- Think about what is necessary. There is little in a Zen monk’s life that isn’t necessary. He doesn’t have a closet full of shoes, or the latest in trendy clothes. He doesn’t have a refrigerator and cabinets full of junk food. He doesn’t have the latest gadgets, cars, televisions, or iPod. He has basic clothing, basic shelter, basic utensils, basic tools, and the most basic food (they eat simple, vegetarian meals consisting usually of rice, miso soup, vegetables, and pickled vegetables). Now, I’m not saying you should live exactly like a Zen monk — I certainly don’t. But it does serve as a reminder that there is much in our lives that aren’t necessary, and it can be useful to give some thought about what we really need, and whether it is important to have all the stuff we have that’s not necessary.
- Live simply. The corollary of Rule 11 is that if something isn’t necessary, you can probably live without it. And so to live simply is to rid your life of as many of the unnecessary and unessential things as you can, to make room for the essential. Now, what is essential will be different to each person. For me, my family, my writing, my running and my reading are essential. To others, yoga and spending time with close friends might be essential. For others it will be nursing and volunteering and going to church and collecting comic books. There is no law saying what should be essential for you — but you should consider what is most important to your life, and make room for that by eliminating the other less essential things in your life.
“Before enlightenment chop wood and carry water. After enlightenment, chop wood and carry water.” – Wu Li
Les nouvelles habitudes de lecture rapide
VOIR PLUS DE MOTS
Pour lire vite, il est nécessaire que le champ de perception de l’oeil, à chacun de ses arrêts, soit le plus large possible.
Champ de vision lecteur rapide
Le champ visuel est large, il englobe plusieurs mots ce qui fait que le nombre de points de fixation par ligne est moins important.
La durée d’une fixation et de son enregistrement varie peu d’un lecteur à l’autre. Ce qui différencie un lecteur rapide c’est le nombre réduit de fixations par ligne de texte.
Lecteur lent : 2 mots par fixation.
Lecteur moyen : 3 à 4 mots par fixation.
Lecteur rapide : 5 mots et + par fixation.
Combien faut-il voir de mots par fixation ?
Le professeur LAMARE, qui a étudié scientifiquement les mouvements de l’oeil, a constaté qu’un bon lecteur perçoit en moyenne 15 à 20 signes par fixation. Un mot étant composé de 5 à 6 signes en moyenne, un bon lecteur perçoit 3 à 4 mots par fixation.
LA LECTURE SELECTIVE
La majorité des lecteurs pratique la lecture intégrale où chaque mot est lu. Cette façon de faire demande beaucoup de temps et est parfois inutile. De plus, elle encombre la mémoire de nombreux détails sans importance.
La lecture sélective consiste à sélectionner les informations intéressantes.
La lecture sélective ne s’applique pas à tous les textes. Quand on lit Jacques PREVERT, on lit chaque mot. Par contre, cela est tout à fait inutile quand on cherche un nom dans l’annuaire du téléphone.
La lecture sélective comprend 2 techniques essentielles :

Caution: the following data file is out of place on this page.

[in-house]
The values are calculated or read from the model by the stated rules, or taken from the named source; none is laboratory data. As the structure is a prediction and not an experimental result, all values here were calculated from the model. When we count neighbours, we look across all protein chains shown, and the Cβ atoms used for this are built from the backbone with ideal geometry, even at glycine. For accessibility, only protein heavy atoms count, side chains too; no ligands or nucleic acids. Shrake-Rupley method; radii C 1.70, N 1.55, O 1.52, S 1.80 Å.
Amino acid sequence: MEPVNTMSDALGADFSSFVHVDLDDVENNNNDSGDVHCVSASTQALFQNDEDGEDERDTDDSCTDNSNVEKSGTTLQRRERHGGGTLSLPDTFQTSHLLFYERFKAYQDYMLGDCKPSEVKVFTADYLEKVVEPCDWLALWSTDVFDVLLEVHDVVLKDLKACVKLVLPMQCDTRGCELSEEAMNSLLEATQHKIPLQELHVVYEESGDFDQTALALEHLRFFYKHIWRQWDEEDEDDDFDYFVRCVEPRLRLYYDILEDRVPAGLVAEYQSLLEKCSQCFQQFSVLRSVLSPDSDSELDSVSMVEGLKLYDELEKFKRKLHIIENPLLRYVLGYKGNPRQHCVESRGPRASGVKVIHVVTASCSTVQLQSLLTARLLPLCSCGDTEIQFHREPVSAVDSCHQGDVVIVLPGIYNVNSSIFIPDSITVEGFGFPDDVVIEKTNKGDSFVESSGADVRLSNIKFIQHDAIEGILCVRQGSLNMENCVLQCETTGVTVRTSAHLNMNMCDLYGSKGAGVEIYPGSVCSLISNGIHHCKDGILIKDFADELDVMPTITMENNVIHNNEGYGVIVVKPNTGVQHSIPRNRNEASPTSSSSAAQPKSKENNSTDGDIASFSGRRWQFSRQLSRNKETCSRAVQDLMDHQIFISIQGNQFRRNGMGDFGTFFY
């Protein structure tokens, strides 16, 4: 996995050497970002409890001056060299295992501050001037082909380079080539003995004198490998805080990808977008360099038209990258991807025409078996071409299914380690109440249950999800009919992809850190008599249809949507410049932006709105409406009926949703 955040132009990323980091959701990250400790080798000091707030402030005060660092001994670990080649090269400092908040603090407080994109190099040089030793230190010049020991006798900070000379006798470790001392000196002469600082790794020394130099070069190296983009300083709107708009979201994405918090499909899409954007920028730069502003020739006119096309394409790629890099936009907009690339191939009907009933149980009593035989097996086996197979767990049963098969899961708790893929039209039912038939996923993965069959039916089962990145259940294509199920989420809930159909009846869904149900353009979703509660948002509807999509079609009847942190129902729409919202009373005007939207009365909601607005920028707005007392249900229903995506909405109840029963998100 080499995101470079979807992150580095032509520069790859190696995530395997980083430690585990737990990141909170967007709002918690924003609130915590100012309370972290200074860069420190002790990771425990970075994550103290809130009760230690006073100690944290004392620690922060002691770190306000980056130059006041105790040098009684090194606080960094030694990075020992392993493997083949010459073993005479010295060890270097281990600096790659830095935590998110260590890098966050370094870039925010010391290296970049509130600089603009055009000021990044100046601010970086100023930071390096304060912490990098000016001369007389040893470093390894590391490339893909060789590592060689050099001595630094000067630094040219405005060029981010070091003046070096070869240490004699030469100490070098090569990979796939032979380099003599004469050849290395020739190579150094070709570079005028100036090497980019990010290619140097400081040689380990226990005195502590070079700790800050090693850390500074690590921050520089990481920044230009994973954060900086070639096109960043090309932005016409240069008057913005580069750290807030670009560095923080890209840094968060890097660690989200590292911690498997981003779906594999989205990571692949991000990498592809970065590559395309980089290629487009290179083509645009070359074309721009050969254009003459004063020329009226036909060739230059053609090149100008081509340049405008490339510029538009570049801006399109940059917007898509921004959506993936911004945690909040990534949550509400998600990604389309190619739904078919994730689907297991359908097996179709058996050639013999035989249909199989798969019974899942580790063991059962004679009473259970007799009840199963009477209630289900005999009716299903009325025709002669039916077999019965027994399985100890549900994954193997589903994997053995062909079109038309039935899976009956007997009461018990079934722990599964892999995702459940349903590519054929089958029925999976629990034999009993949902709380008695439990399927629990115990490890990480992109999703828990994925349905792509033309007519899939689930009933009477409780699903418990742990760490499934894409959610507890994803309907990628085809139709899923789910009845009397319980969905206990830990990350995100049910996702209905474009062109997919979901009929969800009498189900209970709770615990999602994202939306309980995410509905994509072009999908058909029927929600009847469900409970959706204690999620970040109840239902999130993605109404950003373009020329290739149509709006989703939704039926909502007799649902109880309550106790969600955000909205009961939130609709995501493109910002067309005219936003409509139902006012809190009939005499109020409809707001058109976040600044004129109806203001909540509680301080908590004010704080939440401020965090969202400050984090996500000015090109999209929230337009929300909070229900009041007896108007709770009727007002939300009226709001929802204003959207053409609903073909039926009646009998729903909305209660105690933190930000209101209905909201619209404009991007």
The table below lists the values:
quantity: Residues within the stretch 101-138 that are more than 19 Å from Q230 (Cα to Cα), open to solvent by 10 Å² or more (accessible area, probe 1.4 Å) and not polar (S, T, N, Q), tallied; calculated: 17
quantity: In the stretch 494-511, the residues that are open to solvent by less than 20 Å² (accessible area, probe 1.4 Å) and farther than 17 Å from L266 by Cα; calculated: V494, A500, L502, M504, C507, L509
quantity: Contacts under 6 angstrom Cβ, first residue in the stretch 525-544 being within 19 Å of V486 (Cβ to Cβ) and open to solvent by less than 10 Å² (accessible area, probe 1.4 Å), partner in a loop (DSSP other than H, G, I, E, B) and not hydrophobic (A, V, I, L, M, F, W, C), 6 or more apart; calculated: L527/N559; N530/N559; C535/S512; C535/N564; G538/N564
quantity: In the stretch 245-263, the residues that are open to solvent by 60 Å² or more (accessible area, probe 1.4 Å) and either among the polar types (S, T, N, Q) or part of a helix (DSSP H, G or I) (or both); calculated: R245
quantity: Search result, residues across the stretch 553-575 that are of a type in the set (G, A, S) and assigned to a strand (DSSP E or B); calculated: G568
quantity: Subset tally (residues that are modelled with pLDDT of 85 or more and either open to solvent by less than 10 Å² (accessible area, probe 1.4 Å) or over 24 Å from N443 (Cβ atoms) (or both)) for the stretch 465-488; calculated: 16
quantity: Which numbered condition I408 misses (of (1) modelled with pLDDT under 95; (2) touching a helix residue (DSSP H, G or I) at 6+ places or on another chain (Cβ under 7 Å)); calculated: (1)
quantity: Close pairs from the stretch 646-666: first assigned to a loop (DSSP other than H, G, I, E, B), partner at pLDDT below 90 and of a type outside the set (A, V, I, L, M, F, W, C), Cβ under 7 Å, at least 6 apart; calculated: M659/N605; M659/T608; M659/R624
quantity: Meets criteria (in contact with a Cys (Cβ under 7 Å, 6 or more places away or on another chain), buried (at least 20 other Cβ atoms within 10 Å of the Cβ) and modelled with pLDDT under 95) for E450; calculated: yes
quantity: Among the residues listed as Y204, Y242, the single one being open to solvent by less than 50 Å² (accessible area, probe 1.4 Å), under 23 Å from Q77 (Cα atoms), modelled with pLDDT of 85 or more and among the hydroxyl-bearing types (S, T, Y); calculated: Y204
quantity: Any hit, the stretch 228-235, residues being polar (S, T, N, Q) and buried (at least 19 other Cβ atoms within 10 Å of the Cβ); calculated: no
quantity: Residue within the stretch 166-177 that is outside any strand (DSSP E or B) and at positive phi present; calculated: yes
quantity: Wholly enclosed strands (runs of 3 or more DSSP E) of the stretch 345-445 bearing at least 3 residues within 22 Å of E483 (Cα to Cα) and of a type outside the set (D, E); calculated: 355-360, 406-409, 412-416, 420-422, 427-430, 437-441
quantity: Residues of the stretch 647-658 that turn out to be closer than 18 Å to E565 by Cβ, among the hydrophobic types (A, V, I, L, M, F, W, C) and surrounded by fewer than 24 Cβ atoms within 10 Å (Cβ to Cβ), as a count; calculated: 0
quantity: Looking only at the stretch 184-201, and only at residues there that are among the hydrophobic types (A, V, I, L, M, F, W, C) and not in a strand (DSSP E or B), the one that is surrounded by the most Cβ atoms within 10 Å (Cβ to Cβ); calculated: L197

– La technique d’écrémage ou skimming
– La technique de repérage ou scanning.
Il s’agit de réduire le nombre de mots lus sans que la compréhension du texte en soit diminuée. Cela permet de se concentrer sur les passages importants tout en éliminant un inutile travail de lecture intégrale.
On applique différents degrés d’écrémage en fonction des besoins et des textes : un degré peu sélectif, à la limite de la lecture intégrale et à l’inverse, un écrémage très sélectif.
La première différence avec l’écrémage est qu’ici le lecteur connaît le renseignement qu’il cherche. Le repérage ne s’utilise pas pour toutes les lectures, mais uniquement lorsqu’on a besoin d’un renseignement ou d’une connaissance sur un point précis.
L’exemple type d’une lecture de repérage est la recherche d’un mot dans un dictionnaire.
L’objectif est de trouver le plus rapidement possible l’endroit où se trouve le mot. Il en est de même pour un annuaire. Ce type de lecture ne s’applique pas uniquement aux dictionnaires et annuaires.
the utilisation if the text is amazing in that presentation and I agree with the thesis !
Les 5 niveaux de présence sur les médias sociaux
8 février 2009 dans: Divers, Réseaux sociaux, social media marketing, strategies web par Louk
Il y a plusieurs façons d’approcher les médias sociaux pour les marques et les entreprises. À la manière de la hiérarchie des besoins (ou pyramide de Maslow) nous pouvons découper la façon d’être présent sur ces médias en 5 postures de la moins impliquée (bas de la pyramide) à la plus intégrée (sommet de la pyramide).
Violinist in the Metro
This is an incredibly sad story which gave me chills. It is a social experiment about perception, taste and priorities of people.
A man sat at a metro station in Washington DC and started to play the violin; it was a cold January morning.
He played six Bach pieces for about 45 minutes. During that time, since it was rush hour, it was calculated that thousands of people went through the station, most of them on their way to work.
Three minutes went by and a middle aged man noticed there was musician playing. He slowed his pace and stopped for a few seconds and then hurried up to meet his schedule.
A minute later, the violinist received his first dollar tip: a woman threw the money in the till and without stopping continued to walk.
to read the end :Violinist in the Metro – Interesting Discoveries – Ego Dialogues